New study visualises how HPV attacks human proteins

Feb 07, 2011

(PhysOrg.com) -- An international study involving Conway Fellow Dr Neil Ferguson has described how the human papillomavirus (HPV) interferes with the body’s natural inclination to kill infected cells and exposes the individual to cervical cancer. The research article by scientists from Uppsala University and Linkőping University in Sweden, University of Copenhagen and University College Dublin has been highlighted for mention in the February 4th issue of the Journal of Biological Chemistry.

The body naturally rids itself of infected cells by targeting them for destruction or programmed cell death. HPV must evade this natural defence mechanism in order to survive and replicate. It does this by sending out two proteins, E6 and E7 to bind with defensive human proteins and stop them in their tracks.

This research set about to visualise exactly how the HPV protein E7 binds to one human protein in particular, SAP97. Explaining the rationale, Dr Ferguson said, “To develop antivirals that prevent protein-protein interactions, in this case those of E6 and human proteins, it is necessary to first understand the biomolecular interactions required for virus viability and, where relevant, exploit these insights”.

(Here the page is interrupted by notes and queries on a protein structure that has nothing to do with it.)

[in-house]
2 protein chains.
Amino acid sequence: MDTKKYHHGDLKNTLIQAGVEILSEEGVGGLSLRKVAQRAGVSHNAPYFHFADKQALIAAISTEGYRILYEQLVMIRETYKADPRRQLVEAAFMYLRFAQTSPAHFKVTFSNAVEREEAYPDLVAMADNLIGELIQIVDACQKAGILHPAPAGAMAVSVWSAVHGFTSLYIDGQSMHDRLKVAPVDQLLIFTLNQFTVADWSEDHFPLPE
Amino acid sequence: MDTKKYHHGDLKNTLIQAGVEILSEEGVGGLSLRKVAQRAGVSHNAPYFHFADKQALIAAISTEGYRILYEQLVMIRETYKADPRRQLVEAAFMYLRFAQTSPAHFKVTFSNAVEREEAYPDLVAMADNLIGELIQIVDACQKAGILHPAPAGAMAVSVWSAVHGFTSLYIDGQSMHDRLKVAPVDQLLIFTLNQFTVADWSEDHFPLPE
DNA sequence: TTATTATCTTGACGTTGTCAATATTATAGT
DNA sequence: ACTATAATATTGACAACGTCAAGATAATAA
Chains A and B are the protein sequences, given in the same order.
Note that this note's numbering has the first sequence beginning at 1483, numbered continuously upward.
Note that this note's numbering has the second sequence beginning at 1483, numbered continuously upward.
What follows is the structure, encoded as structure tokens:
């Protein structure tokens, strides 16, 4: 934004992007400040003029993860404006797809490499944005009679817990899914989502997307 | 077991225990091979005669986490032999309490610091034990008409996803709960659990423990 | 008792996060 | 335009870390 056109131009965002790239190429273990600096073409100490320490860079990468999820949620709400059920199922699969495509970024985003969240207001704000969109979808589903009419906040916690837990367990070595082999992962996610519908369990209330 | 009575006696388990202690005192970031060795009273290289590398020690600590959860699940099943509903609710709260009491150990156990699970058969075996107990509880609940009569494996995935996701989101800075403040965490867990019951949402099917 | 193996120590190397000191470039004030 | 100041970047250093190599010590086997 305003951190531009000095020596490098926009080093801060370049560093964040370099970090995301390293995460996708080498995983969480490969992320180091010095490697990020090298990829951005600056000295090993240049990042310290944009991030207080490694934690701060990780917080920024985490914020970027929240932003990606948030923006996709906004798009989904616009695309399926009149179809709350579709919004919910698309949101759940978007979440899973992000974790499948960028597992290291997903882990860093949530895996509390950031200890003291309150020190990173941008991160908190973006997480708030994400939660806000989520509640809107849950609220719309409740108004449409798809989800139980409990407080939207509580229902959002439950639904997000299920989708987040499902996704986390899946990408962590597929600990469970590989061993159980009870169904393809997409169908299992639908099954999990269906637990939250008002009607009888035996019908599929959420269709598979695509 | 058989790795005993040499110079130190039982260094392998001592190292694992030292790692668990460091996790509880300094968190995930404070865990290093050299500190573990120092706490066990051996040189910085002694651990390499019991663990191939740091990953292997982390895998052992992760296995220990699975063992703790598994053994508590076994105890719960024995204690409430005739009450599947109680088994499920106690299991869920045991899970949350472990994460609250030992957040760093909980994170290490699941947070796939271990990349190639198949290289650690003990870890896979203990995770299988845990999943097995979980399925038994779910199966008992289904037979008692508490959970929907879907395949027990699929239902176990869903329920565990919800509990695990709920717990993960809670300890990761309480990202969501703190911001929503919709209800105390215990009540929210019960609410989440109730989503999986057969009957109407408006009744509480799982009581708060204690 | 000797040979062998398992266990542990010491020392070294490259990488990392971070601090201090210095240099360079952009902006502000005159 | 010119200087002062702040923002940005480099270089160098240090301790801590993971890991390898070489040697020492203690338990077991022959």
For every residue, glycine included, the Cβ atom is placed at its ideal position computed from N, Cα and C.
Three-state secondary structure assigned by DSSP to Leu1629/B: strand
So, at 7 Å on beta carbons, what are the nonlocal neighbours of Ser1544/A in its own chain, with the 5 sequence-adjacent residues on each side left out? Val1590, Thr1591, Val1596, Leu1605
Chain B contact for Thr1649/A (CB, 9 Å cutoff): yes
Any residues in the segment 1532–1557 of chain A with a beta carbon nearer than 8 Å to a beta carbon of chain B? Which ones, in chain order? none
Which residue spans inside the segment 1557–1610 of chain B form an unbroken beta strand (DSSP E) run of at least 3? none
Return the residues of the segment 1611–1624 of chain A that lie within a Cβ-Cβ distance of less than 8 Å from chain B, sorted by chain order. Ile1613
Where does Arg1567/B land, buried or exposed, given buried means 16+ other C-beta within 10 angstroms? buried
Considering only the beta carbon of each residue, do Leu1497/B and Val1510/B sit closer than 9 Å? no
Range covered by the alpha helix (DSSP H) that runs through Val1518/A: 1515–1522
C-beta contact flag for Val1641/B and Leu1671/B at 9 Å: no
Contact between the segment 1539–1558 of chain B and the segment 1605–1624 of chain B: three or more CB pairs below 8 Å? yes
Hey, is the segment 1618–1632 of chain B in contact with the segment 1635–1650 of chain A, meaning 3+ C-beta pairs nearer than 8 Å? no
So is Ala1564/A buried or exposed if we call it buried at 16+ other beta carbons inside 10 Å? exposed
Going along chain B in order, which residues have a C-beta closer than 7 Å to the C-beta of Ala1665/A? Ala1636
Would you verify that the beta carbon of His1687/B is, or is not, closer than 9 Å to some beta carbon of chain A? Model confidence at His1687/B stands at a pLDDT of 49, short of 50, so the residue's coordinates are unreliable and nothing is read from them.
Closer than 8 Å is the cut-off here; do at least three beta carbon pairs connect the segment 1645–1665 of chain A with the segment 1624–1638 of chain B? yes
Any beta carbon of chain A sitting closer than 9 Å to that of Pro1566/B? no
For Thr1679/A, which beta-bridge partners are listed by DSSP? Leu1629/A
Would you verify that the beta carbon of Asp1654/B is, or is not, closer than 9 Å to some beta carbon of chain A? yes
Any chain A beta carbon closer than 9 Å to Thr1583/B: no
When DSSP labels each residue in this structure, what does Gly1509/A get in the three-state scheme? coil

The researchers looked at how fast E6 latched onto and came off SAP97, how strongly it bound to the human protein and what happened to the shape of SAP97 consequently.

Additionally, the team discovered that that there are actually three locations on the human SAP97 protein where HPV’s E7 can latch on and prevent SAP97 from functioning normally. Interestingly, they found that up to three E7 molecules can attach to one human SAP97 simultaneously - effectively ganging up on the .

Infection by high-risk HPV is one of the most common forms of cancer causing up to 500,000 cases of cervical cancer and more than 20,000 deaths in women annually. The two vaccines currently available work by preventing HPV infection but do nothing for those already infected.

Neil Ferguson believes that this work funded by the Swedish Research Council and Science Foundation Ireland “represents an important step forward in understanding HPV biology and has implications for therapeutic strategies”.

Explore further: Oat breakfast cereals may contain a common mold-related toxin

More information: Biophysical characterization of the complex between human papillomavirus E6 protein and synapse associated protein 97*, doi:10.1074/jbc.M110.190264

Provided by University College Dublin

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